Constant Pressure Pump

Discussion in 'Pumps and Tanks Well Forum & Blog' started by Sparro, Jan 7, 2009.

  1. Sparro

    Sparro New Member

    Messages:
    5
    Hello...
    I've got a problem with my well pump. I had a Grundfos 3" SQE variable speed constant pressure pump with the CU 301 controller installed in my new home a little under three years ago.
    I also have a Geothermal ground source heat pump running on an open loop system that uses my water well.
    I have a strong well, 23 GPM flow. My heat pump requires 10-11 GPM to function correctly and i need about 3-4 GPM for my household water needs.
    A few days ago my Grundfos well pump burnt out for whatever reason??? It does run alot because its used to heat and cool my home everytime the heat pump is running. I was told this should last at least 15 years, but it died.
    Now I've been told not to go with Grundfos and the CU 301 because they die prematurely and they have had lots of problems with them.
    I've been told to go with a standard 4" pump and get a Franklin Electric MonoDrive controller and use my existing 2 Gallon pressure tank.
    I'm told Franklin Electric is a much better and reliable system.
    Can anyone shed some light on this for me? I'm not sure what to do?
    Do I replace the pump with another 3" Grundfos and run the risk of it burning out in another 2 1/2 years or do I get a 4" pump and a MonoDrive controller and hope for the best???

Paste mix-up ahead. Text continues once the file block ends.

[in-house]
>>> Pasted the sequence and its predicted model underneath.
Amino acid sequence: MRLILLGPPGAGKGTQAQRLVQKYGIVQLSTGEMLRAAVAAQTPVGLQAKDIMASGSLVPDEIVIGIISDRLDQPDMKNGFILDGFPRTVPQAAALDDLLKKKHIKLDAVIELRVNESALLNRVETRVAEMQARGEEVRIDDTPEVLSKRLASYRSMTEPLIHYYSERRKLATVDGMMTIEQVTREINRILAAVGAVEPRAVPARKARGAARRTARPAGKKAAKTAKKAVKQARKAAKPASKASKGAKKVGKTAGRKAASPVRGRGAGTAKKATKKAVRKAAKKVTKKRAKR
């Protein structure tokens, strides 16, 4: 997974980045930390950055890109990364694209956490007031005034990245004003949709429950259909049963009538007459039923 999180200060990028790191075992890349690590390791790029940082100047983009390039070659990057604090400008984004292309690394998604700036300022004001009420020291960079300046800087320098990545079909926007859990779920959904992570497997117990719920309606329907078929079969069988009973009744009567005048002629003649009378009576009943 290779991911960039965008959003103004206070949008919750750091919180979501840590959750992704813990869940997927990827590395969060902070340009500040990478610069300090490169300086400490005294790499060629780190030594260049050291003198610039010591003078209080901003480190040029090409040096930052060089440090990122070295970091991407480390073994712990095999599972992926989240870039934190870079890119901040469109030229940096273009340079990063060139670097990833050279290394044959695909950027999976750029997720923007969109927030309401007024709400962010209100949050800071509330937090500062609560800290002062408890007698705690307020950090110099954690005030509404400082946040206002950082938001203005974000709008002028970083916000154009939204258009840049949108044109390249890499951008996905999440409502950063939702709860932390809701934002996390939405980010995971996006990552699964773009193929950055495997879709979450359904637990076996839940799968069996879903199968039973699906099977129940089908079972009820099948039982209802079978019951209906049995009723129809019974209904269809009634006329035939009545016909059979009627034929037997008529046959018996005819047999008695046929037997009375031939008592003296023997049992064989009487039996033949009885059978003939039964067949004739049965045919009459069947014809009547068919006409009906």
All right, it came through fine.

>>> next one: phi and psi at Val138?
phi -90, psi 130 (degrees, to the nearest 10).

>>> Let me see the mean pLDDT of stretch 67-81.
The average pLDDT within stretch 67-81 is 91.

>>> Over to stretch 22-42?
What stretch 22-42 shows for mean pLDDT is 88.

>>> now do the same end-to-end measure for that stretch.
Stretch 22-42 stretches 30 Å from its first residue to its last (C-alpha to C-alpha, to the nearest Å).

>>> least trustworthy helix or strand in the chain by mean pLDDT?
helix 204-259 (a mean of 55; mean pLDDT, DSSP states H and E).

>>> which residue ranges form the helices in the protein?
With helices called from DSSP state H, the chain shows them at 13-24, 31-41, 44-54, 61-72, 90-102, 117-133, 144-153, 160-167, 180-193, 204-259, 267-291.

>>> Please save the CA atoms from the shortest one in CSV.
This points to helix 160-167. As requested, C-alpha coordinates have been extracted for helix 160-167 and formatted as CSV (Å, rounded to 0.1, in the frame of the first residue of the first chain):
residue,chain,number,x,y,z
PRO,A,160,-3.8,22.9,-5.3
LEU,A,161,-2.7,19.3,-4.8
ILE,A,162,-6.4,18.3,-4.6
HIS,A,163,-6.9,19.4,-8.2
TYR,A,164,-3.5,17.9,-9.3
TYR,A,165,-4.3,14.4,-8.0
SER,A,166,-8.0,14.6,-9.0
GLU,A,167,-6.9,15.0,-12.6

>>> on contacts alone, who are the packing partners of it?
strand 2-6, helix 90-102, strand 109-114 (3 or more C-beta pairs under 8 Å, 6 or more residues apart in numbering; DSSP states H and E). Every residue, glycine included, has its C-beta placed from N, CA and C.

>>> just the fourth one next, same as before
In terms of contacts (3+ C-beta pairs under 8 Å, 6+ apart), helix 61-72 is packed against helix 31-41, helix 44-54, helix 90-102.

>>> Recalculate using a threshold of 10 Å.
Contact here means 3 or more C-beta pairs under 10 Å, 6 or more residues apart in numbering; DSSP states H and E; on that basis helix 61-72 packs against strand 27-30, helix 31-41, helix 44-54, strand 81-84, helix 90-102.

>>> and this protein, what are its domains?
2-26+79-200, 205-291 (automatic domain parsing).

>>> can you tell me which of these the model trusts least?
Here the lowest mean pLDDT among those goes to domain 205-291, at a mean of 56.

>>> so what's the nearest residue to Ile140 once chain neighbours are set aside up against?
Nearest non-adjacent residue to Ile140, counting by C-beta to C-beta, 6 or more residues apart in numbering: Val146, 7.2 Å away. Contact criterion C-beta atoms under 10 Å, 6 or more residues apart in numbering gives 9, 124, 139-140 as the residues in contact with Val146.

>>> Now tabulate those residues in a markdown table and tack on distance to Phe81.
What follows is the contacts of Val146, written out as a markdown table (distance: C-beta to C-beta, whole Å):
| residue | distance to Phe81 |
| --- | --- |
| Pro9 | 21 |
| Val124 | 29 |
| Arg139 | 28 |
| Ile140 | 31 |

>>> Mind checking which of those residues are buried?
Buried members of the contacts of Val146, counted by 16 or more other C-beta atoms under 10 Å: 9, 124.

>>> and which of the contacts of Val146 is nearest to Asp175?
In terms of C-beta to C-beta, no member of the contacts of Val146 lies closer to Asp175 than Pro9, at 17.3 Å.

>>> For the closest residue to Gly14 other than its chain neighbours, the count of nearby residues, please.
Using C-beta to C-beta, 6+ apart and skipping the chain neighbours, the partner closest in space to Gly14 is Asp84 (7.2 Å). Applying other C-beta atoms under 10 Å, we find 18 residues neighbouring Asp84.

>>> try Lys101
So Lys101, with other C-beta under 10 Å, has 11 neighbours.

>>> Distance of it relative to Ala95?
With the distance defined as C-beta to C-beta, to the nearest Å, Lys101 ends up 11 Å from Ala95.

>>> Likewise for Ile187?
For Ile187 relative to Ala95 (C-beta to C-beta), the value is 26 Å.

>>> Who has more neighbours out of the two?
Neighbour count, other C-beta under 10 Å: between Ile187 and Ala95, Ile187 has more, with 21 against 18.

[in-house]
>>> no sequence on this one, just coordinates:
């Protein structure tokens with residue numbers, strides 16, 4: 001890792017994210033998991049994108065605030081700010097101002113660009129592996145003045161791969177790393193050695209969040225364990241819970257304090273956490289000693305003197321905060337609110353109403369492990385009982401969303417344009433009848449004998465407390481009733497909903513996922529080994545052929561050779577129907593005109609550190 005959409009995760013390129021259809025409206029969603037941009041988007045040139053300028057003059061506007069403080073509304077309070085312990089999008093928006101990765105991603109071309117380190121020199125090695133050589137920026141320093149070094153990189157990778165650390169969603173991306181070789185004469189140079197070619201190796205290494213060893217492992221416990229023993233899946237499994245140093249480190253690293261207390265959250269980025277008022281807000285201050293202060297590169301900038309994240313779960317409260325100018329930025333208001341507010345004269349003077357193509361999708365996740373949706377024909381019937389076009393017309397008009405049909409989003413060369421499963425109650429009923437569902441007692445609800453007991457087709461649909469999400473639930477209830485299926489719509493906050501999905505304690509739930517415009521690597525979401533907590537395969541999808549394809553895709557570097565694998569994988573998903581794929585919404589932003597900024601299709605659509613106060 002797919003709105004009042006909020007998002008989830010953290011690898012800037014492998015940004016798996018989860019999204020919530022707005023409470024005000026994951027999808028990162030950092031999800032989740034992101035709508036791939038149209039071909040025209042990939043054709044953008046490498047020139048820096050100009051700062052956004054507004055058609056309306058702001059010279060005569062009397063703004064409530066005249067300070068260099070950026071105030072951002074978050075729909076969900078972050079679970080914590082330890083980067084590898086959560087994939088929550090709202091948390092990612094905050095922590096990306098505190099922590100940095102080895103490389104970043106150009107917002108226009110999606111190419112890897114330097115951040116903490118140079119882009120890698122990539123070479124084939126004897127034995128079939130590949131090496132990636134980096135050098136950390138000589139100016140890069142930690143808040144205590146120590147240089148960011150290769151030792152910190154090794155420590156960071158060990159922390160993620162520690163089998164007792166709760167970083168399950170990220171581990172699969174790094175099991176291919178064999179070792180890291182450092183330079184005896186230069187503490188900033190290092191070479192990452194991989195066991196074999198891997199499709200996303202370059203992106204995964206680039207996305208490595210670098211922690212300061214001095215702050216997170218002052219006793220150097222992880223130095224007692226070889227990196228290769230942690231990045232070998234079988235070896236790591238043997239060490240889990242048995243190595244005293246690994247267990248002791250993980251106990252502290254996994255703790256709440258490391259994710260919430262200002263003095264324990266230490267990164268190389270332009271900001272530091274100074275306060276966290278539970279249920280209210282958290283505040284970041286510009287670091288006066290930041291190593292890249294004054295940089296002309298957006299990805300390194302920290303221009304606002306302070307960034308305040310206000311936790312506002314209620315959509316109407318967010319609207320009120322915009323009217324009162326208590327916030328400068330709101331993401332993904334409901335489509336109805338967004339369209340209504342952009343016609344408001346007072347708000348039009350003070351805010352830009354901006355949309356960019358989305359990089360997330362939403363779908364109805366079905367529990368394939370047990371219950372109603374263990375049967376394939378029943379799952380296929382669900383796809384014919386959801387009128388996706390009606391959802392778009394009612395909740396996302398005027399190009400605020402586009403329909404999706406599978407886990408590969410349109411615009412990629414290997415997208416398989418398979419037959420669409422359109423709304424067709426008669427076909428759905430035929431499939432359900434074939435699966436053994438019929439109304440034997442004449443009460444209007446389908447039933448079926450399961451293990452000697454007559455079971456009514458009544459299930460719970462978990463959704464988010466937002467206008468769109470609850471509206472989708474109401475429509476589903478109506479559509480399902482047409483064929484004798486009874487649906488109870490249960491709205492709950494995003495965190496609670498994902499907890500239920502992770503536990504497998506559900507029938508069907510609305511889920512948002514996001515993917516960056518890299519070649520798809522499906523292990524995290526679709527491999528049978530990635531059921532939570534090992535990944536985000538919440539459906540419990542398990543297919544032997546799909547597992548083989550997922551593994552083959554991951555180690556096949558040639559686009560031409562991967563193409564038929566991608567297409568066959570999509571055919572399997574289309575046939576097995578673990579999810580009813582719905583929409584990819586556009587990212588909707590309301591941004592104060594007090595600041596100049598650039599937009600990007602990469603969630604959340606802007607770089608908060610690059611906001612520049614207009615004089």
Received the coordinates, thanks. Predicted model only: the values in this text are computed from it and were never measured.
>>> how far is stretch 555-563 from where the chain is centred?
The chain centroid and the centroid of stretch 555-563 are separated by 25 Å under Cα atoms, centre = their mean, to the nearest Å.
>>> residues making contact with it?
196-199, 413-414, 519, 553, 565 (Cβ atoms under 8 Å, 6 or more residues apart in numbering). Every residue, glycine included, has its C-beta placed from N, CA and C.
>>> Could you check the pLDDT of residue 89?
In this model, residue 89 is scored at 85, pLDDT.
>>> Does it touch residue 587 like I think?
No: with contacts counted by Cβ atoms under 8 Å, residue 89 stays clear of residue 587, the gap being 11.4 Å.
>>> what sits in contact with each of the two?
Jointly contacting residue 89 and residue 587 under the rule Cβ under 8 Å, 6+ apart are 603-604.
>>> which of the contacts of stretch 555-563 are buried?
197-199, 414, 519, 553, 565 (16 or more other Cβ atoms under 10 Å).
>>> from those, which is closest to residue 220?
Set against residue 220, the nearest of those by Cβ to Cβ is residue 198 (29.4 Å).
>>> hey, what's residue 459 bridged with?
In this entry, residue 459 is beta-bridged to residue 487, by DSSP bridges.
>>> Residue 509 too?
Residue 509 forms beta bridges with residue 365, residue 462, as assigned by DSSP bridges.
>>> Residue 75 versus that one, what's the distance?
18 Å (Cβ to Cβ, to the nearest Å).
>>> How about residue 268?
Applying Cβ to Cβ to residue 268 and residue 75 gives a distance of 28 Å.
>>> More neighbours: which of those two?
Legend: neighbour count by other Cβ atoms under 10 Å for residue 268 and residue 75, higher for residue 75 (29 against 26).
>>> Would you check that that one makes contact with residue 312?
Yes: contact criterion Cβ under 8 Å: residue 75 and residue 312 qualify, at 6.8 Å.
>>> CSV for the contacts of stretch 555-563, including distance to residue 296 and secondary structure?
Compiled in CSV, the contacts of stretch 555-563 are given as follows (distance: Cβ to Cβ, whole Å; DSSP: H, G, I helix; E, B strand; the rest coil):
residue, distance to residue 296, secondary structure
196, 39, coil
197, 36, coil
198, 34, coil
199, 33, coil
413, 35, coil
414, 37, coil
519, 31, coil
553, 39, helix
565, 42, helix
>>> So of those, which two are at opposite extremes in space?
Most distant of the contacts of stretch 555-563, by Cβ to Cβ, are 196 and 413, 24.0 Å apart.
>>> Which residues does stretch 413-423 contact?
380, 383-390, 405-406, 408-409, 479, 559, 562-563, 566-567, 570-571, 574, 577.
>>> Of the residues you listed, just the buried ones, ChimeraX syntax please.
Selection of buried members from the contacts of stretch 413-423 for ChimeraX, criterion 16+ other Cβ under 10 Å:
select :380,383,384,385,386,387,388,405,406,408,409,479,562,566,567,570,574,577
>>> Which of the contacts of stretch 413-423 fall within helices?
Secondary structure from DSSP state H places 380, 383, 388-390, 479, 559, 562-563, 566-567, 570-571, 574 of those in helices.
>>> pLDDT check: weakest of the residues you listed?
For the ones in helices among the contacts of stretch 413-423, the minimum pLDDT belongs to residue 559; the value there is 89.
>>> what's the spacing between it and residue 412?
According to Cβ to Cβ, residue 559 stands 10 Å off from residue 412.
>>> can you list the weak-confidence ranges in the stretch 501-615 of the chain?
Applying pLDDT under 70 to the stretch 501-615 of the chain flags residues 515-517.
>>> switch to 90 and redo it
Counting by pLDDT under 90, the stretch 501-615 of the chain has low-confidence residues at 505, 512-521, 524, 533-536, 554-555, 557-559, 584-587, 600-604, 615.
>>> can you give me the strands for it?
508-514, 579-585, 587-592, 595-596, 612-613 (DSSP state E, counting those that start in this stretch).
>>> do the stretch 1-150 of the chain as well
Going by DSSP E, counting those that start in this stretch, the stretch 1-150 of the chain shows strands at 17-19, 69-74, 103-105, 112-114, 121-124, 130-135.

Any help would be greatly appreciated.
  2. valveman

    valveman Moderator Staff Member

    Messages:
    4,391
    Location:
    Lubbock, Texas
    You have already fallen for the variable speed pump hype once, don't fall for it again! The Monodrive or any of the other variable speed pump systems available are no better than the one you have. As a matter of fact, even though they have lots of problems and don't last very long, I have found that the Grundfos has been the best of all of them. When they say that variable speed pumps save energy, they are lying. When they say that variable speed pumps last longer, they are lying. When they tell you that a new style of variable speed pump will solve all the problems that were seen in the last model, they are lying. The pump guy probably actually believes this stuff himself, because he has been lied to by the manufacturers.